The figure, the object of passion

The figure, the object of passion

Two collections at the Met and Morgan

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“The artist’s hand – a sign of civilization,” – said Eugene Thaw (Eugene Thaw), whole life collecting patterns and recently submitted this collection – more than 400 sheets – the Library and Museum Morgan, and marks a new exhibition called “Drawn to Greatness: Master Drawings From the Thaw Collection”.

Of Mantegna. The three saints. In The Library Of Morgan

150 of the best, exceptionally interesting works, from the Renaissance to the XX century: Mantegna, Carpaccio, Rubens, Rembrandt, Goya, Tiepolo, Canaletto, Watteau, Fragonard, gorgeous collection of French masters of the XIX century (Delacroix, géricault, Daumier, to Victor Hugo and cézanne), Turner, van Gogh (some letters with pictures), twentieth century – from Picasso to Pollock.

It’s not even the names, as literally each sheet. The quality, Tou no money spared.

The most famous new York art dealer, he wanted to donate his collection to the Museum, rightly admiring the fact that there already was (“This is a collection not the biggest but the best”), and hoping this meeting complement. In 1975, noting that at that time the Library’s collection chronologically ended somewhere around the first decade of the nineteenth century, he began consistently to buy the drawings of the romantics, symbolists, and artists of the twentieth century, anticipating that eventually they will be donated to the Library.

Tou was born and grew up in Washington heights and studied at Columbia University, art history (“Parents dreamed that I will become the new Bernard Berenson,” he recalls, referring to the prominent historian of art), but realized that “the work of Professor somewhere in Iowa, where he had to deal with reproductions”, not for him, and engaged in buying and selling of works of art, opening in 1950, a gallery and a bookstore in the hotel “Algonquin”. Those were the years of abstract-expressionist boom, and the young dealer was enthusiastically engaged in contemporary art (later he would become the head of the Foundation Pollock-Krasner and co-author of the catalogue raisonné of Jackson Pollock), gradually moving in their purchases back centuries and honing your knowledge and your taste.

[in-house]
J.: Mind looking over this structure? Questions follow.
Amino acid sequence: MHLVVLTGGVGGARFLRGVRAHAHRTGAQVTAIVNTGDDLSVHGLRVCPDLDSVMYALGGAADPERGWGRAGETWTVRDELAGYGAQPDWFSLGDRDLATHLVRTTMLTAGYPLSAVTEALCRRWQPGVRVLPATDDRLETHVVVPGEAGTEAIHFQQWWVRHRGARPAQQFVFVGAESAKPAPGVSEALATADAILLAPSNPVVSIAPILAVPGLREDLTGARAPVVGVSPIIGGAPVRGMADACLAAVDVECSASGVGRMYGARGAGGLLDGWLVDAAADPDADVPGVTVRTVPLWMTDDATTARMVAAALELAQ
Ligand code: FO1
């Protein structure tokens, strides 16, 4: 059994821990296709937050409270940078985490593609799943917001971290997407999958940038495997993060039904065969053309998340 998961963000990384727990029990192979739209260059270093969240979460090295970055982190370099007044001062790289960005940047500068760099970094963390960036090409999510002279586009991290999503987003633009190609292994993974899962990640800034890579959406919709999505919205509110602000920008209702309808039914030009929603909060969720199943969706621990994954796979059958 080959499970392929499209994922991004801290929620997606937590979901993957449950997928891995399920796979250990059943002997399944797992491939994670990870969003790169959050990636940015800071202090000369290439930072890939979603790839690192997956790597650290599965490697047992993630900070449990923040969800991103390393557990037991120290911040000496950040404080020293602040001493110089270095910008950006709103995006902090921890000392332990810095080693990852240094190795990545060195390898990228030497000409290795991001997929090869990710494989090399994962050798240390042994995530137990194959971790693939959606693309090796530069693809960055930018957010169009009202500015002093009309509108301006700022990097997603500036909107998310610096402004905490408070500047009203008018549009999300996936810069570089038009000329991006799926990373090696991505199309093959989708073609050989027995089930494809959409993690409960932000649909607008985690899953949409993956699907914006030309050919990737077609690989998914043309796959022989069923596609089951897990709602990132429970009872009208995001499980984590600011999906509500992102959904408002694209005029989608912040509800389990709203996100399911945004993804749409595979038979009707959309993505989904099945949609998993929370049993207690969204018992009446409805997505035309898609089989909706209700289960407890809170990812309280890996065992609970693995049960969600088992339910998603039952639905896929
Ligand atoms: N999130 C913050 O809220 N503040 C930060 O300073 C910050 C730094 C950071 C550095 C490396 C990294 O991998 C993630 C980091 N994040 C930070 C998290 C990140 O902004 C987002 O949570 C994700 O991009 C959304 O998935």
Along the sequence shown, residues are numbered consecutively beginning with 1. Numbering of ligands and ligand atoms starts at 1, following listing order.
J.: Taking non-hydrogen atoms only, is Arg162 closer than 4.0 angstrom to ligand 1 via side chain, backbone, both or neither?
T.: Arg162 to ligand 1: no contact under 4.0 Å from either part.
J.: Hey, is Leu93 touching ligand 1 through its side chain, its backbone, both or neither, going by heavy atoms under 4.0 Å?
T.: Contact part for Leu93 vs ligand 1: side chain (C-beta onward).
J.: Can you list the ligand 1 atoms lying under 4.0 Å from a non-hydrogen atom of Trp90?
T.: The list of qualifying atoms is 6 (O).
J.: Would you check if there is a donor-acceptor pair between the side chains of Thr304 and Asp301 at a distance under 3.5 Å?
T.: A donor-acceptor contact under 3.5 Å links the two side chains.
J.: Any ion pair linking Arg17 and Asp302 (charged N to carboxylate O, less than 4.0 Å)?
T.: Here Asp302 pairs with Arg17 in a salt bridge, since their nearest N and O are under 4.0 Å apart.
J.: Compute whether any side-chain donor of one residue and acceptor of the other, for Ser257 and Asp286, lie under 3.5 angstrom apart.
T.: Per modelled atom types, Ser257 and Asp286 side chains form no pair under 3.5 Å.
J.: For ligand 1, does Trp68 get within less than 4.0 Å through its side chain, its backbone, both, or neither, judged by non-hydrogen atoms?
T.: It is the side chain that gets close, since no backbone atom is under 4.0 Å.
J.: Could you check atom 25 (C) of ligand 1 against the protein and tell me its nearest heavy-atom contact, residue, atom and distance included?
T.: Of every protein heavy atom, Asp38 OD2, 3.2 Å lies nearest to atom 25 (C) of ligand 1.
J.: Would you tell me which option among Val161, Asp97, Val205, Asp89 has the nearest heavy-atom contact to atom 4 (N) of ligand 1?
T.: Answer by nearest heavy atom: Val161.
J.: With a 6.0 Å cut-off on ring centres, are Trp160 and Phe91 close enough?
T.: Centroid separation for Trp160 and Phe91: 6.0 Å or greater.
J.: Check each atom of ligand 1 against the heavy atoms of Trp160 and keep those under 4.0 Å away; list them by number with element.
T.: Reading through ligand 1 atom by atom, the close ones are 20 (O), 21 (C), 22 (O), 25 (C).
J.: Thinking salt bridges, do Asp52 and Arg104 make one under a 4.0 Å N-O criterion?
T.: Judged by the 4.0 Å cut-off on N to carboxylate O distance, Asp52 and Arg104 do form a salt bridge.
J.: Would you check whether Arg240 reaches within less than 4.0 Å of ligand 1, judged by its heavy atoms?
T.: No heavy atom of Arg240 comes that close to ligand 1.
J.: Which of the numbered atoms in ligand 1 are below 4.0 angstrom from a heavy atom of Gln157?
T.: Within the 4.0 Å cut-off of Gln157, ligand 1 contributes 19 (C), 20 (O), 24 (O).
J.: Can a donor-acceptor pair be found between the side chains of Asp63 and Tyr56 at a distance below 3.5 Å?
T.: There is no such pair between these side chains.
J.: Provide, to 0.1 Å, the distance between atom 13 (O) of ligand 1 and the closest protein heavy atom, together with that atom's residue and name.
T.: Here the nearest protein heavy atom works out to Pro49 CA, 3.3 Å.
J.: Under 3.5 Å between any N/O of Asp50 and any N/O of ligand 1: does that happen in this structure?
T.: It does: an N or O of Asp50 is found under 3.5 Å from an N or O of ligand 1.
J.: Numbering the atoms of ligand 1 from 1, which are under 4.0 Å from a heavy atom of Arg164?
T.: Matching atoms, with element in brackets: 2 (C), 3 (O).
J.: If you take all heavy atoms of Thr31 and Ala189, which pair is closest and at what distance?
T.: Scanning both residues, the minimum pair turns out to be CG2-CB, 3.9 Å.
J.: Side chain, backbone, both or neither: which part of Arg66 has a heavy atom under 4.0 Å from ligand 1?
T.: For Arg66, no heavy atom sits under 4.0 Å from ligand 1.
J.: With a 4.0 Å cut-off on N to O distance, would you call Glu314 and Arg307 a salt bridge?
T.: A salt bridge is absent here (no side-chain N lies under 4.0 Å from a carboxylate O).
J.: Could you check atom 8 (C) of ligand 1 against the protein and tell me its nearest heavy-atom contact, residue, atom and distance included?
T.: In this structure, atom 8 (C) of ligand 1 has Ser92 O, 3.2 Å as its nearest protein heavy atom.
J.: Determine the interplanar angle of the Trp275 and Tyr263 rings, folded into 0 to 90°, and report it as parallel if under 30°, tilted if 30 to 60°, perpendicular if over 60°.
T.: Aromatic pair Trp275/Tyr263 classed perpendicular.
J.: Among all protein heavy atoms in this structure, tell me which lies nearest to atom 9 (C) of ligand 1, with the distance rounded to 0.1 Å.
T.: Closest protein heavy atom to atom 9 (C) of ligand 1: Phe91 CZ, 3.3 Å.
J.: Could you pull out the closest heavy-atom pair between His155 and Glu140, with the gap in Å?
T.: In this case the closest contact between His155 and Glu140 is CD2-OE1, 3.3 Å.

Things went well, the gallery moved Uptown to expensive, and soon was not needed: Tou, renowned for his talent to produce valuable works of art, became a private consultant.

His own collection began with the advice of his wife, Clare eddy (they married in 1954, lived together for over 60 years, she died this summer), not to sell the drawings, which were especially dear to him (and not always found). Finding treasures in different sources, he was especially famous for its acquisitions at the auction, which struggled desperately, pushing up thereby the prices, to the dismay of competitors: in 1980 bought a rare sheet Renaissance master Andrea Mantegna with three figures of saints for the sum, a record for drawings by this artist, and then put other auction records (including in 2001, buying one of the last drawings by Rembrandt in private hands).

“All these collectors want their collection to reflect their taste and accuracy assessment. But the main thing in this quest, collect items, exciting the eye and the mind and organize them, is the art of sharing…” – says the collector. He didn’t want to sell his collection, although many advised him to do it. He aspired to become known to a wider public.

As Robert Lehman, whose collection is known to everyone who comes to the Metropolitan Museum of art: his collection is in a special “wing of léman”, constructed in 1975 with the money collector and according to his desire: Lehman did not want to “spray” your gift in different departments of the Museum, preferring to at least part of it was located in the rooms that reminded him of his apartment.

Unlike Tou, Robert Lehman (1891-1969) and his collection is partially inherited (my parents began to collect works of art in 1905), although it has expanded incredibly. And though the figure is huge (750 sheets), but not the only part of it. Among 2600 of the collection “units” – more than 300 paintings (so valuable that in 1957, the Louvre Museum organized a special exhibition), sculpture, textiles and tapestries, Venetian glass and Renaissance majolica, enamel, and vintage frames. Do not forget more than 20,000 books, mainly dedicated to art…

Banker and grandson of founder of Lehman Brothers Robert Lehman was as Tou, the new Yorker. In 1913, he graduated from Yale University, and in 1925 succeeded his father, leading the family business. He confidently led his company through the great depression and subsequent crises, has expanded it and made one of the pillars of American and international financial life.

Not being a professional critic, Robert Lehman, however, was a true connoisseur of art that demonstrate more than 50 drawings, the exhibition at the Metropolitan Museum. It is not in the Department of figure on the second floor, and in the “Lehman wing” called “From Leonardo to Matisse”. There is also a lot of famous names, but because chronologically it starts before, a lot of pictures of masters anonymous. The exhibitions complement each other, each tracing the history of the genre (although in the Library the Morgan is made better) and, no less importantly, the history of the collection and collector.

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